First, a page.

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DataServer for Microsoft SQL Server
Initial Programming Considerations : Data types
 

Data types

MS SQL Server data types differ from OpenEdge data types. However, each data type supported by the DataServer has at least one OpenEdge equivalent.
The DataServer translates MS SQL Server data types into OpenEdge equivalents and places the mapping into the schema holder. You can access this mapping information using the Data Dictionary. For example, the Data Dictionary lists the MS SQL Server datetime and smalldatetime data types as timestamp, which is the equivalent ODBC SQL data type and not the MS SQL Server timestamp data type. There can also be some restrictions in data source compatibility with OpenEdge.
You can also modify these definitions using the Data Dictionary. For example, the DataServer maps the MS SQL Server tinyint data type to the OpenEdge equivalent, INTEGER. Suppose, however, that your application uses the tinyint field in such a way that the LOGICAL data type is a more suitable equivalent. In this case, you would change the data type from INTEGER to LOGICAL in the schema holder. If you do change a data type mapping, be sure to select a data type that accommodates the data in the column, otherwise conversion errors might occur at run time. Also, remember to specify a display format that is appropriate for the new data type. See Modifying a schema holder for an explanation of how to use the Data Dictionary to change OpenEdge data types in the schema holder.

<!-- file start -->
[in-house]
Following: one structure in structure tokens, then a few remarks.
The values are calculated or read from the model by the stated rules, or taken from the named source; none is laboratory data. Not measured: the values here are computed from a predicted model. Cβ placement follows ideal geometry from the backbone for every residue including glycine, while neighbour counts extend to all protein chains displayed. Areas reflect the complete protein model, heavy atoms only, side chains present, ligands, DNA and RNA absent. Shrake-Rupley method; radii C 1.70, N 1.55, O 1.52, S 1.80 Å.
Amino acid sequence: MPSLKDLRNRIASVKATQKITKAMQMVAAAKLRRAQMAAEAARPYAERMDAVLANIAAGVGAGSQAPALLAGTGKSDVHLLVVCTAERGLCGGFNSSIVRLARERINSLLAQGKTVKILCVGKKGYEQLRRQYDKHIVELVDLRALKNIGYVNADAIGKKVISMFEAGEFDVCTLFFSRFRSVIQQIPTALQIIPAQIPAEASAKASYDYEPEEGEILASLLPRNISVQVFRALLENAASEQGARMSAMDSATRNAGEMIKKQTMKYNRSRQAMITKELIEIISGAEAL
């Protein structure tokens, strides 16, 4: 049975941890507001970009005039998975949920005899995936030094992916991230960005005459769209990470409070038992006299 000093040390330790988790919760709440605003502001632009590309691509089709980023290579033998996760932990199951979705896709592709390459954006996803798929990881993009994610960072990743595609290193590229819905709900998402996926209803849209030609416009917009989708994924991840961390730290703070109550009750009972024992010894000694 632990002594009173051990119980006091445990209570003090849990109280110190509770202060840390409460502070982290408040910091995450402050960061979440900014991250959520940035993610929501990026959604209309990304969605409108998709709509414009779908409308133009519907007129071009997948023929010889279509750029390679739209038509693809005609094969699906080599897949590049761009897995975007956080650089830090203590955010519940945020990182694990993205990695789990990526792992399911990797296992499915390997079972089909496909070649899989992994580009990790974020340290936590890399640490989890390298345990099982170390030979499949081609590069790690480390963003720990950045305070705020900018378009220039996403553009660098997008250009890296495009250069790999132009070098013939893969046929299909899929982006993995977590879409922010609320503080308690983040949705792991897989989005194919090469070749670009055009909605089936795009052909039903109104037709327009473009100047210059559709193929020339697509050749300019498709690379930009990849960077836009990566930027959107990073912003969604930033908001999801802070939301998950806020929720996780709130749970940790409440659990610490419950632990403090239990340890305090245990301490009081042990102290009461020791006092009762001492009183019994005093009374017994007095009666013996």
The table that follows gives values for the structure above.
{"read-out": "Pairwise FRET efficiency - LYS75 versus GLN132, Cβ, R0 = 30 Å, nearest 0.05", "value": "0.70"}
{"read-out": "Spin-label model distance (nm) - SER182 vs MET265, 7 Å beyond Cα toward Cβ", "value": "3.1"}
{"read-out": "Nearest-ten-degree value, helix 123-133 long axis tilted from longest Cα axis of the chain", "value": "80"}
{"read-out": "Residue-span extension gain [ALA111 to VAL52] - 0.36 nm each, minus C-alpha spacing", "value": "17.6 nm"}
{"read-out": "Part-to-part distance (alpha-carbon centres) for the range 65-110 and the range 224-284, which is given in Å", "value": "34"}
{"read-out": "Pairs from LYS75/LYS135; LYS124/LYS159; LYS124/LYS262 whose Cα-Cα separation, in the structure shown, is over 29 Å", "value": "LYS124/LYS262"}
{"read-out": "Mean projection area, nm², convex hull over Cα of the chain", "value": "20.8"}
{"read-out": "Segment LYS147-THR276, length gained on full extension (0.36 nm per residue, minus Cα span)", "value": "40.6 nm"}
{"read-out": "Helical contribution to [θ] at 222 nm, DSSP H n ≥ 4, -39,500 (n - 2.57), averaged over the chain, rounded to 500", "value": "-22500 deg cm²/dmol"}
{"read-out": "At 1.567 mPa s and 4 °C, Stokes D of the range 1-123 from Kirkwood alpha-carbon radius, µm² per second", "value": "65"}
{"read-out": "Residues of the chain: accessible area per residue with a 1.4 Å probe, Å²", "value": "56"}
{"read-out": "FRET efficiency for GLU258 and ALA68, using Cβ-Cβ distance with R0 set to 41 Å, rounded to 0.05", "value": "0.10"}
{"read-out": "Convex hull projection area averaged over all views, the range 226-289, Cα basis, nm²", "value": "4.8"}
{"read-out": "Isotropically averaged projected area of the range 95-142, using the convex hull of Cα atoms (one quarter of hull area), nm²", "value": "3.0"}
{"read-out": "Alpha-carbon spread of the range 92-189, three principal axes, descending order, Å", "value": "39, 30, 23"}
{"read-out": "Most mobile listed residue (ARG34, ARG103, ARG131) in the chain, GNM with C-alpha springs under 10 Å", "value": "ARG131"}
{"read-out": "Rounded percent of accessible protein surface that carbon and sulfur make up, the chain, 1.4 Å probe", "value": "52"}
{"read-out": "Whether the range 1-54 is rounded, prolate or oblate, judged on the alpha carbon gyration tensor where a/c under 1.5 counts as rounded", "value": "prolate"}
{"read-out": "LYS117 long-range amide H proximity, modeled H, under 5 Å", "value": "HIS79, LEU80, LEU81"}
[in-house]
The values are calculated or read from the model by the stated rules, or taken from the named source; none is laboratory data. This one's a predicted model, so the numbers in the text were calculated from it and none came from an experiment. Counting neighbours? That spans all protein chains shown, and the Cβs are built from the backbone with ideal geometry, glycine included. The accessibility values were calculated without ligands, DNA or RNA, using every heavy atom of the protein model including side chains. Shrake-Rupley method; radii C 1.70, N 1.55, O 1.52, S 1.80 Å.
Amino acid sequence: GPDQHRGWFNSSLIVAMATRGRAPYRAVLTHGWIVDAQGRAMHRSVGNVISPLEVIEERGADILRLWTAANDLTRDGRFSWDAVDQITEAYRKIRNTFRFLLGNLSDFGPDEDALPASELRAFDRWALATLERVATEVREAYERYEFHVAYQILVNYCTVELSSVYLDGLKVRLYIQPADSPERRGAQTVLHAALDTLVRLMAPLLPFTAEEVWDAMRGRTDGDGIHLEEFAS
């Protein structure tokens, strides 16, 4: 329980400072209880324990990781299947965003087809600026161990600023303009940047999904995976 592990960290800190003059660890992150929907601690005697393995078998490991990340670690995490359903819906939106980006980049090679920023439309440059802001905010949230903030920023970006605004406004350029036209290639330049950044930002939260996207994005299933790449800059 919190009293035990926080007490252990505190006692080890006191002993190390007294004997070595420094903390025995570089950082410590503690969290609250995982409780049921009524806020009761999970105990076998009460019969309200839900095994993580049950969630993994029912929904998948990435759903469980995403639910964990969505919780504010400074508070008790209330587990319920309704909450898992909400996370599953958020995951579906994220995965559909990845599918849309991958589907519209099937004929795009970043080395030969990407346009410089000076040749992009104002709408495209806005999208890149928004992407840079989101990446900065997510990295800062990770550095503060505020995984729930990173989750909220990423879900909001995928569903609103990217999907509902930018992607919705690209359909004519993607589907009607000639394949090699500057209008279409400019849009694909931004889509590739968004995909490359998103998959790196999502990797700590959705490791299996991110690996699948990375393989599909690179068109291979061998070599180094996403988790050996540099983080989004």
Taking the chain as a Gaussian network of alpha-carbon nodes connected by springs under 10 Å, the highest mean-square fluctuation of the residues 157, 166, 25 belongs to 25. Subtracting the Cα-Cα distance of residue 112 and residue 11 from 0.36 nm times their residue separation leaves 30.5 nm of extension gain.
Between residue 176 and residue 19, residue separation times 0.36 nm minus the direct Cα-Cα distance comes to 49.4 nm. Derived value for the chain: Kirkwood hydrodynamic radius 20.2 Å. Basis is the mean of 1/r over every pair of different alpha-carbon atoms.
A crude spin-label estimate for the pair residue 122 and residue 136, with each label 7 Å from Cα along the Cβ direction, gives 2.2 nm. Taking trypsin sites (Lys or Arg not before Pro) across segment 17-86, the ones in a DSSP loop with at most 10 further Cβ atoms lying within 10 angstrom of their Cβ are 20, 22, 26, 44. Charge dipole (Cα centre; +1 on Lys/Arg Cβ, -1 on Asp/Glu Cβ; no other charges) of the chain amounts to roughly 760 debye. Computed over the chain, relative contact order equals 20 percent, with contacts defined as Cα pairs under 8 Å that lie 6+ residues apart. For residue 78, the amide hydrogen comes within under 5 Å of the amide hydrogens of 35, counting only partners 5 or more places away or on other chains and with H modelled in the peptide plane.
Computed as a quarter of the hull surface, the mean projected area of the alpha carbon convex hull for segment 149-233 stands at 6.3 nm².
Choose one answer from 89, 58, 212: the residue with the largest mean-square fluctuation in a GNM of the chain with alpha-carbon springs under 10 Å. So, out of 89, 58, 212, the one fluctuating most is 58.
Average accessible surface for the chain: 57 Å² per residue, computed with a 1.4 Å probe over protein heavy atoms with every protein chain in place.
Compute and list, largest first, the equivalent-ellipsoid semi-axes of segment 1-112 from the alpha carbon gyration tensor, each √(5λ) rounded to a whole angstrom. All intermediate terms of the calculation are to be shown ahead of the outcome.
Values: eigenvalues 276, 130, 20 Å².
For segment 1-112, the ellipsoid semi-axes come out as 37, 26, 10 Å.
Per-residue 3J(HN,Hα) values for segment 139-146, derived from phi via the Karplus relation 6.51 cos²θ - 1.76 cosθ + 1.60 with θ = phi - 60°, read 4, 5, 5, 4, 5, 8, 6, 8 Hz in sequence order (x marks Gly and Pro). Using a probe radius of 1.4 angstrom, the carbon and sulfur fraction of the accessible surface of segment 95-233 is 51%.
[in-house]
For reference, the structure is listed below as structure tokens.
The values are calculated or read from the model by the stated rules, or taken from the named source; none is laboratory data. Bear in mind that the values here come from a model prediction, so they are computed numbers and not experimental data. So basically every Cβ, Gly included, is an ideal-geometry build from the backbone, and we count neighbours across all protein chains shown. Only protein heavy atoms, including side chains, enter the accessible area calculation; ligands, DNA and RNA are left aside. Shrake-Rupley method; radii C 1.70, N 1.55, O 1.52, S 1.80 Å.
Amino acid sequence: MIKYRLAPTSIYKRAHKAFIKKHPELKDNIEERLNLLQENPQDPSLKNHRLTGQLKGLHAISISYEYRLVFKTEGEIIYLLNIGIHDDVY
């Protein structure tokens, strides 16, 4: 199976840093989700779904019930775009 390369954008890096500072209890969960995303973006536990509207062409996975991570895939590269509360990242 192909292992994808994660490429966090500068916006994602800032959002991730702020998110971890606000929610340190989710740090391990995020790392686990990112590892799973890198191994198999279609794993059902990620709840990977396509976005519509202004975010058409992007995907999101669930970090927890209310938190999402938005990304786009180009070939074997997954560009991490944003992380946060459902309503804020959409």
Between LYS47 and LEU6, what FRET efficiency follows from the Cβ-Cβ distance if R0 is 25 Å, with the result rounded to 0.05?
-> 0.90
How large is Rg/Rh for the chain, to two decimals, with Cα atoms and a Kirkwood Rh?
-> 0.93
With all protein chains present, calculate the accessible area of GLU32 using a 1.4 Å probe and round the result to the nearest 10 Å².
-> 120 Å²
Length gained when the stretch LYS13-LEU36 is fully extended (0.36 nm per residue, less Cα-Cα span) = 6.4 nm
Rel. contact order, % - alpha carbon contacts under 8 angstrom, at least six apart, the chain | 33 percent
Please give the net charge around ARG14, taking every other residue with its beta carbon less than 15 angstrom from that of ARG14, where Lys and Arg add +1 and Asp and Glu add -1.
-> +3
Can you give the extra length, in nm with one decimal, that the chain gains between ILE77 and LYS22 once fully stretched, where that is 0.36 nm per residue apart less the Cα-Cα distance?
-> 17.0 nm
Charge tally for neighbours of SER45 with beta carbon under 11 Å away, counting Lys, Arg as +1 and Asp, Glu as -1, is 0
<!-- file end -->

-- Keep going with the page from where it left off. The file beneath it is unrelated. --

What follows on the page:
The table that follows lists these data types and their default OpenEdge equivalents. The data types in parentheses are alternative data types that you can specify in the schema holder for your MS SQL Server data source. See Data Type Details for more details about each MS SQL Server data type, its ODBC SQL equivalent, and OpenEdge data type equivalent.